In 'Le Berbier de Seville' [Act 2 Scene 8] the phrase 'growing before your very eyes' dates this type of expression at least back to 1772, and in that same scene the words piano and pianissimo are used in their literal latin root sense to mean quietly.
Verum, veritas, and verily are all words closely related to very, and in the phrases
'he ate the very last cookie', and 'a place to call your very own',
very means 'in truth' or 'really'. 'can I really keep it?' (the puppy) means
'confirm this is not a trick' or 'is it true i can keep it'.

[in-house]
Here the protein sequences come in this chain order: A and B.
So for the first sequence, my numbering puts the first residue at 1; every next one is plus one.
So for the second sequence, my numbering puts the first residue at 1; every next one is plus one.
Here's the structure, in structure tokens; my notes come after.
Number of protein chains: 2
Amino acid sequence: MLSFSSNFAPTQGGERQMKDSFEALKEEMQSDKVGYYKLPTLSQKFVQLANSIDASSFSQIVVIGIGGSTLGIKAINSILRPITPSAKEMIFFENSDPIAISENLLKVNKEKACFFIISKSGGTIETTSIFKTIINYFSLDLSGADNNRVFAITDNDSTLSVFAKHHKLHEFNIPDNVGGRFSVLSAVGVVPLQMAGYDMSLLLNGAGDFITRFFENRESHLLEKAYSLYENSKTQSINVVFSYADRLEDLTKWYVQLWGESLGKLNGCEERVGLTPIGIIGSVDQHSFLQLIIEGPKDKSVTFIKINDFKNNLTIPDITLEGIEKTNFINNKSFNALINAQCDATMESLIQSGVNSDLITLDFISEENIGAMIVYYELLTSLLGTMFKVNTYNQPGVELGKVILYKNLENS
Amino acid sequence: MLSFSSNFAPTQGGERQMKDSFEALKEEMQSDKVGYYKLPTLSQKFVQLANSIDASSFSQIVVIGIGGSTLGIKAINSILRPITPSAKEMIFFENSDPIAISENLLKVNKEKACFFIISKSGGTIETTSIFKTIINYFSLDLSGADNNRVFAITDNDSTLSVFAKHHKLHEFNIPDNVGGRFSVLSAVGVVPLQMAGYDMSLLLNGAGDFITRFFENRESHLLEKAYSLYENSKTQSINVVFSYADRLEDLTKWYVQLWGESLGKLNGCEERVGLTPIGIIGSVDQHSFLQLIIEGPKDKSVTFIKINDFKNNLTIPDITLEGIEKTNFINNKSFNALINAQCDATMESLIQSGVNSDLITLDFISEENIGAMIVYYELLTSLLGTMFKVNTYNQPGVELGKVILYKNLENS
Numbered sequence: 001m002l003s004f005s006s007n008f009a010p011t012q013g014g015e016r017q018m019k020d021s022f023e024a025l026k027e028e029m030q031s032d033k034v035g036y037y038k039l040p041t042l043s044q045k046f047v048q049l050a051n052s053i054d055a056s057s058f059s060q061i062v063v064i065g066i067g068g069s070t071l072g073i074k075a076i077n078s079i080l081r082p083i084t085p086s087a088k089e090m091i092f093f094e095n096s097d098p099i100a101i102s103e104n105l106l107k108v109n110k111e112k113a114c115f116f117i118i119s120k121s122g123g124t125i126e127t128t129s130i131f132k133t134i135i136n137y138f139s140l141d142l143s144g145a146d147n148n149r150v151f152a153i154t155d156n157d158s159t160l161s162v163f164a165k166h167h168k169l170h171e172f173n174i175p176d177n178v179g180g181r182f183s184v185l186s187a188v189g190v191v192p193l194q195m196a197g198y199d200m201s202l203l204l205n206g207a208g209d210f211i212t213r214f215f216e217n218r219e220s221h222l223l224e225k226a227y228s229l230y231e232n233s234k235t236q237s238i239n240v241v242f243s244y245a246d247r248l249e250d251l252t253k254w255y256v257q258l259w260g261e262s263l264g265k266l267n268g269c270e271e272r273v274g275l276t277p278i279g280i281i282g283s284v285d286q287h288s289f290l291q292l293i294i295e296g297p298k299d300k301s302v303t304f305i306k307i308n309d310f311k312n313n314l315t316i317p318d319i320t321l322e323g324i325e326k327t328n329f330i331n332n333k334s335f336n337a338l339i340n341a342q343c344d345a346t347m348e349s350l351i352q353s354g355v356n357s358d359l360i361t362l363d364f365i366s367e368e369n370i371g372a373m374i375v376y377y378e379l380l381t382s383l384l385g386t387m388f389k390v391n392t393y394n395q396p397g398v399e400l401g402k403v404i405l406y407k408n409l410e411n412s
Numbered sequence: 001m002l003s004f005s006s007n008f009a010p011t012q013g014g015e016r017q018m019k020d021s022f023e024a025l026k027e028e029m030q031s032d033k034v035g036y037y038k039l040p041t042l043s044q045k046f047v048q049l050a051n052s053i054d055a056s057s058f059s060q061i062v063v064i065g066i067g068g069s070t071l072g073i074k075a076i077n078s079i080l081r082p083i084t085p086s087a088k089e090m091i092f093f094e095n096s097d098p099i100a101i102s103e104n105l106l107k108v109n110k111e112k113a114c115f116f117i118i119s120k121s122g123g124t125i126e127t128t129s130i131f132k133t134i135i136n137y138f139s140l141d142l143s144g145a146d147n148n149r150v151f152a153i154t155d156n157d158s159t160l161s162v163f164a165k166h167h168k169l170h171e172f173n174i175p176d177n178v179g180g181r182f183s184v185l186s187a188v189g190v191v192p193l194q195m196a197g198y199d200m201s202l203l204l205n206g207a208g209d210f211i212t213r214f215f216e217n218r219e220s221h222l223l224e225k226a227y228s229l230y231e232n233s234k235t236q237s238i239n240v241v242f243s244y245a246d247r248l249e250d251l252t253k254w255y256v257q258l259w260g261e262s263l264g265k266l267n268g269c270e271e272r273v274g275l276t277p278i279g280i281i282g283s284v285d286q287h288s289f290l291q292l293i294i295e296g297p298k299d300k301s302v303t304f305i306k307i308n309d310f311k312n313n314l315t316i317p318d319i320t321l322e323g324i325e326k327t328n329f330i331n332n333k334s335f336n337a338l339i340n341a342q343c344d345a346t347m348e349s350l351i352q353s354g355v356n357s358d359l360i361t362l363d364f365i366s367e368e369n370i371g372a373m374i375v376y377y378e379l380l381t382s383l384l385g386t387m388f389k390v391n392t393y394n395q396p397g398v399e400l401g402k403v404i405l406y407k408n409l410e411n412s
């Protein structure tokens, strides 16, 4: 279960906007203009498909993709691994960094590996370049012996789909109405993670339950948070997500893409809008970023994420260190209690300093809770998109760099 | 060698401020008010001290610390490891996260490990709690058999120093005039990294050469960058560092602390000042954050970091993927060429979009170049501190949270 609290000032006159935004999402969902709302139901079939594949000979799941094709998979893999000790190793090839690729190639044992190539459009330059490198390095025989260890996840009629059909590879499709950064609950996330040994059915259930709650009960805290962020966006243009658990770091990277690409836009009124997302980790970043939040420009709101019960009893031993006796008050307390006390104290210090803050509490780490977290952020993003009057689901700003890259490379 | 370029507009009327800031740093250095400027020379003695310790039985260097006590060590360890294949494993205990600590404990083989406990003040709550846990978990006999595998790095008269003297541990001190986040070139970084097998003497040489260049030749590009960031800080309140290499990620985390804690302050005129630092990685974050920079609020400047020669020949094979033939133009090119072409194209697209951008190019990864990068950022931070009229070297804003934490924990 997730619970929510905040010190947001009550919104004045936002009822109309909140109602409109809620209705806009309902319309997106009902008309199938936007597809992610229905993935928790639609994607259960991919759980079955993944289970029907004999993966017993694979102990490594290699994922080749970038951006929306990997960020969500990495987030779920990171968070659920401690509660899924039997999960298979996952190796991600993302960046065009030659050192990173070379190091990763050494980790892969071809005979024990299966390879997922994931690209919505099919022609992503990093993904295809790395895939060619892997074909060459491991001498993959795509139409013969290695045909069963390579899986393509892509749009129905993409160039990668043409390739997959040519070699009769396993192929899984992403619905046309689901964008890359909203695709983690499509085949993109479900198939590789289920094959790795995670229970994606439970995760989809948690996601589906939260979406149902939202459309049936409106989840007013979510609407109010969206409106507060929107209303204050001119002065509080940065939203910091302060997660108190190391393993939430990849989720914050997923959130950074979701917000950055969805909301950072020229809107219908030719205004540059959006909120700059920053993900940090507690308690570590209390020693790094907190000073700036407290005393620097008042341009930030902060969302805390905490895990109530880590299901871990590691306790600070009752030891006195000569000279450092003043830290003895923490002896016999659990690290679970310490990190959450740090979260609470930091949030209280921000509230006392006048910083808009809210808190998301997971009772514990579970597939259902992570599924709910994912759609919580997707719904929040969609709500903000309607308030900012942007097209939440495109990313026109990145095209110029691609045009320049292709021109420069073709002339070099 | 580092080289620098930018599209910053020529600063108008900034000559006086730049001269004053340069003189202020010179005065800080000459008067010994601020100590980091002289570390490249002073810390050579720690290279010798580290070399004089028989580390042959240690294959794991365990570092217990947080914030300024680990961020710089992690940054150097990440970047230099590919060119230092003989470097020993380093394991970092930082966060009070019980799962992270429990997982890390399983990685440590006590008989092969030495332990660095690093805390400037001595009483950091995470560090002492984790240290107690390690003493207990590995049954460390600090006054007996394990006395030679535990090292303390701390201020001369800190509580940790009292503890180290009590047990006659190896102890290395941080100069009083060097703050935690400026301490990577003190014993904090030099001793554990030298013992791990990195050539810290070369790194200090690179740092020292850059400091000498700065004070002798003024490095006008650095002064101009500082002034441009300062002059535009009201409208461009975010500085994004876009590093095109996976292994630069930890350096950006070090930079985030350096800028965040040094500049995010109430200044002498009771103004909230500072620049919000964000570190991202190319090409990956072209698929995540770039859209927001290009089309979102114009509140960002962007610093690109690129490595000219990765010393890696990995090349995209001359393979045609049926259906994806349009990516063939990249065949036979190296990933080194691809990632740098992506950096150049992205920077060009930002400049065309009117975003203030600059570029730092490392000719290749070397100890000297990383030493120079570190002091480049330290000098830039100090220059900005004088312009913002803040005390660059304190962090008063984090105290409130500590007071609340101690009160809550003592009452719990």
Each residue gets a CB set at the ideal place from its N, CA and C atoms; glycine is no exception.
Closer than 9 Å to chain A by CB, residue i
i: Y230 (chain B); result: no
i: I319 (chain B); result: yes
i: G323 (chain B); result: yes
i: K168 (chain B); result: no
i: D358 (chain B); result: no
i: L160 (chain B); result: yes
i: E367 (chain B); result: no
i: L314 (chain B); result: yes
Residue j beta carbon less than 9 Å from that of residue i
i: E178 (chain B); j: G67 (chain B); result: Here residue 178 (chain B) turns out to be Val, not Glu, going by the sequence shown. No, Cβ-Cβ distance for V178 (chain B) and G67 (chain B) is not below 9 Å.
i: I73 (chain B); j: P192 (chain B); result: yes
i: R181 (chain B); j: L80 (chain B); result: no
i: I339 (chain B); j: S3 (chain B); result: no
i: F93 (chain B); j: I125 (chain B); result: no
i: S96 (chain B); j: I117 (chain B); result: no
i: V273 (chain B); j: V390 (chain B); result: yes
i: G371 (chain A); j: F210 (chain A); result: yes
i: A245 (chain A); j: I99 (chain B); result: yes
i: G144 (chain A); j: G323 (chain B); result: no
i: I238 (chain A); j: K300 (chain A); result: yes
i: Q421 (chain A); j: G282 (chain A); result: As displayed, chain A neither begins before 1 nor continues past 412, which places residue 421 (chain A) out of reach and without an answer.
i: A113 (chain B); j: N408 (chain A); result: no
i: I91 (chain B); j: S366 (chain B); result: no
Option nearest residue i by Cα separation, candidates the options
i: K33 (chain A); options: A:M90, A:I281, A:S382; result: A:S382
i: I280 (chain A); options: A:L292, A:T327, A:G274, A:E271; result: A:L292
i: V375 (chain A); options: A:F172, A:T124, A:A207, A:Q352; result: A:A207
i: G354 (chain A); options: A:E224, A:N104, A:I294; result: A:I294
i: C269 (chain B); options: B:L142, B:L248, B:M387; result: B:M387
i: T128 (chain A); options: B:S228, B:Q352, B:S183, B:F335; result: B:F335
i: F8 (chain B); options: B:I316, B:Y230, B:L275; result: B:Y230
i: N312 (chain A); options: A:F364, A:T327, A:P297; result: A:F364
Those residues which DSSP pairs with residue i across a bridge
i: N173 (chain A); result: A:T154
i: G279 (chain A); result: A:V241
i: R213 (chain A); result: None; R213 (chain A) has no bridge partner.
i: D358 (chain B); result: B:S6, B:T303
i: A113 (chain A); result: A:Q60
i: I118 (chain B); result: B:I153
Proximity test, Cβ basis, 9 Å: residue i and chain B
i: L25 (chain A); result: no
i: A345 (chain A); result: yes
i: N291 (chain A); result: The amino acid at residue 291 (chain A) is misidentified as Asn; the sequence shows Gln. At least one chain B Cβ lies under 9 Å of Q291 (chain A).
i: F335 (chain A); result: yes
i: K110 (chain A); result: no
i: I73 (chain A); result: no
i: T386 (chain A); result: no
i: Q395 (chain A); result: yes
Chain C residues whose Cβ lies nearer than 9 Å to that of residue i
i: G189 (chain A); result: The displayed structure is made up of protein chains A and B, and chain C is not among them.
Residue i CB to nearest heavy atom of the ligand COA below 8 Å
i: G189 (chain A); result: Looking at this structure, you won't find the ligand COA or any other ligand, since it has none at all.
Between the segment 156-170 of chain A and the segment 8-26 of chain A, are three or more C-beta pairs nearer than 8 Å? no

so, before your very eyes, and beneath your very feet, seem to apply
the sentiment of 'can it be true' by imitating the structure of those two phrases (very last, very own).
the proper way to phrase it would be 'very happening beneath your feet' (in truth, in reality)
but either by mistake or aesthetics 'happening beneath your very feet'
won out over time and usage.